Section 128(a) requires States or tribes to demonstrate that their response program includes, or is taking reasonable steps to include, four elements. Section 128(a) also authorizes funding for activities necessary to establish and enhance the four elements and to establish and maintain the public record requirement. Generally, the four elements are:

Timely survey and inventory of brownfield sites in State or tribal land. States and tribes must include, or be taking reasonable steps to include, in their response programs a system or process to identify the universe of brownfield sites in their State or tribal land. EPA's goal in funding activities under this element is to enable the State or tribe to establish or enhance a system or process that will provide a reasonable estimate of the number, likely locations, and the general characteristics of brownfield sites in their State or tribal lands. Given funding limitations, EPA will negotiate work plans with States and tribes to achieve this goal efficiently, effectively and within a realistic time frame. For example, many Start Printed Page 68621of EPA's Brownfields Assessment grantees conduct inventories of brownfield sites in their communities or jurisdictions. EPA encourages States and tribes to work with these grantees to obtain the information that they have gathered and include it in their survey and inventory.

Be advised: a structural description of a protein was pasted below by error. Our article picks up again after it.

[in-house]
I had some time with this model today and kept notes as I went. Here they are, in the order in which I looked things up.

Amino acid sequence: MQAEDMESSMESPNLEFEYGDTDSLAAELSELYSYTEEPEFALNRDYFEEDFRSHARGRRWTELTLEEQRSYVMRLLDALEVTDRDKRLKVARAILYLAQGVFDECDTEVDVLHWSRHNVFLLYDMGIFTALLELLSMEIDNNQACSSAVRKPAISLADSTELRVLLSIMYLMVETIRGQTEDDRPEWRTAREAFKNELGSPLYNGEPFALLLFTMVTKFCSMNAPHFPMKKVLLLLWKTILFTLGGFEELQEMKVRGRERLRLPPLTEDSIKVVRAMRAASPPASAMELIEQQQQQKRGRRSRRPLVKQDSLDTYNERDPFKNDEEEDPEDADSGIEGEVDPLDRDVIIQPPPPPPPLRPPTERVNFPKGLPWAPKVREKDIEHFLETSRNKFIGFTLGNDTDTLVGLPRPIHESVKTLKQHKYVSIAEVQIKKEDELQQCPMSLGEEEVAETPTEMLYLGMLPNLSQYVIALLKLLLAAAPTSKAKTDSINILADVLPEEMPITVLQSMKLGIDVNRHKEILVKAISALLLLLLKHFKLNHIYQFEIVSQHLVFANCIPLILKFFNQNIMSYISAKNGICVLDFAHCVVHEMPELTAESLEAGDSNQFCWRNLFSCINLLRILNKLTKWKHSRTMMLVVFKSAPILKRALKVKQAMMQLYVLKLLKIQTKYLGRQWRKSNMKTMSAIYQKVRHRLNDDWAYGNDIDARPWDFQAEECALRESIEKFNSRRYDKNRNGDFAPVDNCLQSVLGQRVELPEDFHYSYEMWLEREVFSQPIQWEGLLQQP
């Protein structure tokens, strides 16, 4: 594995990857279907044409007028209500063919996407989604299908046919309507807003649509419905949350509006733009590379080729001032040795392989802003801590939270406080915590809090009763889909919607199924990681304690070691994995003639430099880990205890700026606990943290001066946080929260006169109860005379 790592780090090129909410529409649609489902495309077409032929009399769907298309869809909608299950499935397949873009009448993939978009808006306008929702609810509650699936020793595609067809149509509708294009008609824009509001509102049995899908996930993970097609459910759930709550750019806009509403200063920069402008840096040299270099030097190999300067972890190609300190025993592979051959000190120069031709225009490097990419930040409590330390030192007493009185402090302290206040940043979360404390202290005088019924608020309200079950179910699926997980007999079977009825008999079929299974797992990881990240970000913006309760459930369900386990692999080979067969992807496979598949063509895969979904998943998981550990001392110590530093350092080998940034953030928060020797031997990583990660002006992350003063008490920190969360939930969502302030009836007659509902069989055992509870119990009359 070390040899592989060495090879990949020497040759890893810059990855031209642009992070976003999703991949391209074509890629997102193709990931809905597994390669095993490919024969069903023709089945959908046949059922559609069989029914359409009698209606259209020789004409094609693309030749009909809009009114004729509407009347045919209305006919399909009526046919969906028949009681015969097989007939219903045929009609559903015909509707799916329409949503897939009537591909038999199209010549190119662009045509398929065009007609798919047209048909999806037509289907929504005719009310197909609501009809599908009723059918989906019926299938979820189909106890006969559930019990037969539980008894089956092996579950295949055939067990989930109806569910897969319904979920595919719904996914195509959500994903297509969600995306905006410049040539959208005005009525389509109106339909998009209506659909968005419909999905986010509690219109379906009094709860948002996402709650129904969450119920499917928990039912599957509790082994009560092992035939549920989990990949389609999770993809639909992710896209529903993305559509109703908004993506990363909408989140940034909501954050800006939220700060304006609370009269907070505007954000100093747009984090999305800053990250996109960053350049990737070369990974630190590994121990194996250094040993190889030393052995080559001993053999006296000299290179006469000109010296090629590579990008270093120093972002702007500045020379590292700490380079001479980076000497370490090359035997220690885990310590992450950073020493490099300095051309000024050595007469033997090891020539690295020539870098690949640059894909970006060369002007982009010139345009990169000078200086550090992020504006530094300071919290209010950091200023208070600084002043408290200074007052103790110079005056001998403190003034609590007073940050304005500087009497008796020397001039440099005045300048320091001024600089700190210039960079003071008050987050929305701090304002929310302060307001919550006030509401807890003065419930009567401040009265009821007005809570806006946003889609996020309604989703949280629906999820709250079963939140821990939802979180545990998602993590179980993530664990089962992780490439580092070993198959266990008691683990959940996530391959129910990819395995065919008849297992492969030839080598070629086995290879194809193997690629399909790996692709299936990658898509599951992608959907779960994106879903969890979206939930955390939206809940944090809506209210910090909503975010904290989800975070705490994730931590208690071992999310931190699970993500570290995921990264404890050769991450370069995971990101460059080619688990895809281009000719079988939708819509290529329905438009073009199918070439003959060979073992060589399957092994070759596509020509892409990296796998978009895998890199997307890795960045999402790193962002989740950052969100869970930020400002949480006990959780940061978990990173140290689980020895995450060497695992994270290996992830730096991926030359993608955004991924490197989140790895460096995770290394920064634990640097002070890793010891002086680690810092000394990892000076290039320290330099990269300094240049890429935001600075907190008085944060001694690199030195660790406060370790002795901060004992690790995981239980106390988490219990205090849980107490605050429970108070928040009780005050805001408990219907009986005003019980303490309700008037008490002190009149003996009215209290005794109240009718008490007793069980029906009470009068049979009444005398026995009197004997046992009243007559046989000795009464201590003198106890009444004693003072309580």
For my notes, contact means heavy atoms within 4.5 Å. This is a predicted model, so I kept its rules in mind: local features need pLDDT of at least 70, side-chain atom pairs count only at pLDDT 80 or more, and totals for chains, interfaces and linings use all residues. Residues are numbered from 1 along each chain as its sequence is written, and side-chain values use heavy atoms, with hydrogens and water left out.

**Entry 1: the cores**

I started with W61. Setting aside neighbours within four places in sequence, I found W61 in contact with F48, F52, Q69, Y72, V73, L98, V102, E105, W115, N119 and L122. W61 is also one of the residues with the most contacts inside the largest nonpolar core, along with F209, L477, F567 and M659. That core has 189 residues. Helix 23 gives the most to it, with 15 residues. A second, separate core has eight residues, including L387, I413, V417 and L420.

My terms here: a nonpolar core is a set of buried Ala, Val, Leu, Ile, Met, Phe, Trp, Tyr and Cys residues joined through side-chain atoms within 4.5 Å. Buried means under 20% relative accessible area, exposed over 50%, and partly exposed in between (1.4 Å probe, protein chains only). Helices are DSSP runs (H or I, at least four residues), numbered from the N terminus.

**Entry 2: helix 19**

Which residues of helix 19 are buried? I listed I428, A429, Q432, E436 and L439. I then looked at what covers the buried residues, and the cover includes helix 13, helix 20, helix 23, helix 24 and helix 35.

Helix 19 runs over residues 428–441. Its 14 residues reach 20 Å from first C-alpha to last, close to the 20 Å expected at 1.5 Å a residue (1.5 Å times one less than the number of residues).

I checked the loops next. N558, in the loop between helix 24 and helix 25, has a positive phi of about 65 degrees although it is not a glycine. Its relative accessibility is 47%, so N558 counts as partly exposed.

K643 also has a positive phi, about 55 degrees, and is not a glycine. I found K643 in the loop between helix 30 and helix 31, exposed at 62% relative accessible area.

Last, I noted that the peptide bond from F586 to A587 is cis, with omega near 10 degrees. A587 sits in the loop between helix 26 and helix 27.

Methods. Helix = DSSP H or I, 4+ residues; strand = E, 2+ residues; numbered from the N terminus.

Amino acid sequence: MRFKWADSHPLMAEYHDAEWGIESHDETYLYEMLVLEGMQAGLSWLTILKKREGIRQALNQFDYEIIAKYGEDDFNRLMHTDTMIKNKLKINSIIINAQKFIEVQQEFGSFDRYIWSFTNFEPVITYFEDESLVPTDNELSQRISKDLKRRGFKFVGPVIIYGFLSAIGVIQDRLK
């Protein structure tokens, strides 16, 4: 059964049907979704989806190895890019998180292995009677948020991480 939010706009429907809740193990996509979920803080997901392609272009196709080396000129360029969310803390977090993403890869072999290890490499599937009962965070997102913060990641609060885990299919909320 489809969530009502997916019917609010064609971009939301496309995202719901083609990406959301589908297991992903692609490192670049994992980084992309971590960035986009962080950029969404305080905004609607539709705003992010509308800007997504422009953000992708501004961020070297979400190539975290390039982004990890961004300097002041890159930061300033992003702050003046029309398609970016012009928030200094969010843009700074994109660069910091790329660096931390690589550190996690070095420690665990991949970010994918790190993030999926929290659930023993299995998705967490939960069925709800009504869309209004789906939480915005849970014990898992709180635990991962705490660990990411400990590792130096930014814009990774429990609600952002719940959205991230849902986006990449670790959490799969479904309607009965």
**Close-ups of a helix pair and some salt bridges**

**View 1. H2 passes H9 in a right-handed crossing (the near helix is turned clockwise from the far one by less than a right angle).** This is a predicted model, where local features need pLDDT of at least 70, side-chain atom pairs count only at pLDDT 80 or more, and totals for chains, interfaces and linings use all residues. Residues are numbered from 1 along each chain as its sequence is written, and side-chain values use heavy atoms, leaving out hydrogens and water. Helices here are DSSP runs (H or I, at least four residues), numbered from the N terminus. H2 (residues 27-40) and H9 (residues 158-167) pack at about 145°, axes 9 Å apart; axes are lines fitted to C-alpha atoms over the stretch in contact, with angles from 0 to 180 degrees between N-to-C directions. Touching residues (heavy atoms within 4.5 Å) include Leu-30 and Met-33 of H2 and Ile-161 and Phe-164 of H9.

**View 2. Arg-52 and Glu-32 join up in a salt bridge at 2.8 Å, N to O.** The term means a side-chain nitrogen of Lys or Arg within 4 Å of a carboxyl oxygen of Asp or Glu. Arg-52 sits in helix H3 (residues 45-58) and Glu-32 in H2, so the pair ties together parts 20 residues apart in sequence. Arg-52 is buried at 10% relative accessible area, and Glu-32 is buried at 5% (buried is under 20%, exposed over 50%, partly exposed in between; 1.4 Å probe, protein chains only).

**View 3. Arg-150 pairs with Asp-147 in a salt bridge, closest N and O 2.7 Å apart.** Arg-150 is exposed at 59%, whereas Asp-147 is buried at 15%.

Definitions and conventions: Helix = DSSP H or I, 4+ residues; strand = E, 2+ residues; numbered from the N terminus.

Oversight and enforcement authorities or other mechanisms and resources. State and tribal response programs must include, or be taking reasonable steps to include, oversight and enforcement authorities or other mechanisms, and resources that are adequate to ensure that:

  • A response action will protect human health and the environment and be conducted in accordance with applicable Federal and State law; and
  • The necessary response activities are completed if the person conducting the response activities fails to complete the necessary response activities (this includes operation and maintenance or long-term monitoring activities).

Mechanisms and resources to provide meaningful opportunities for public participation.[6] States and tribes must include, or be taking reasonable steps to include, in their response program mechanisms and resources for public participation, including, at a minimum: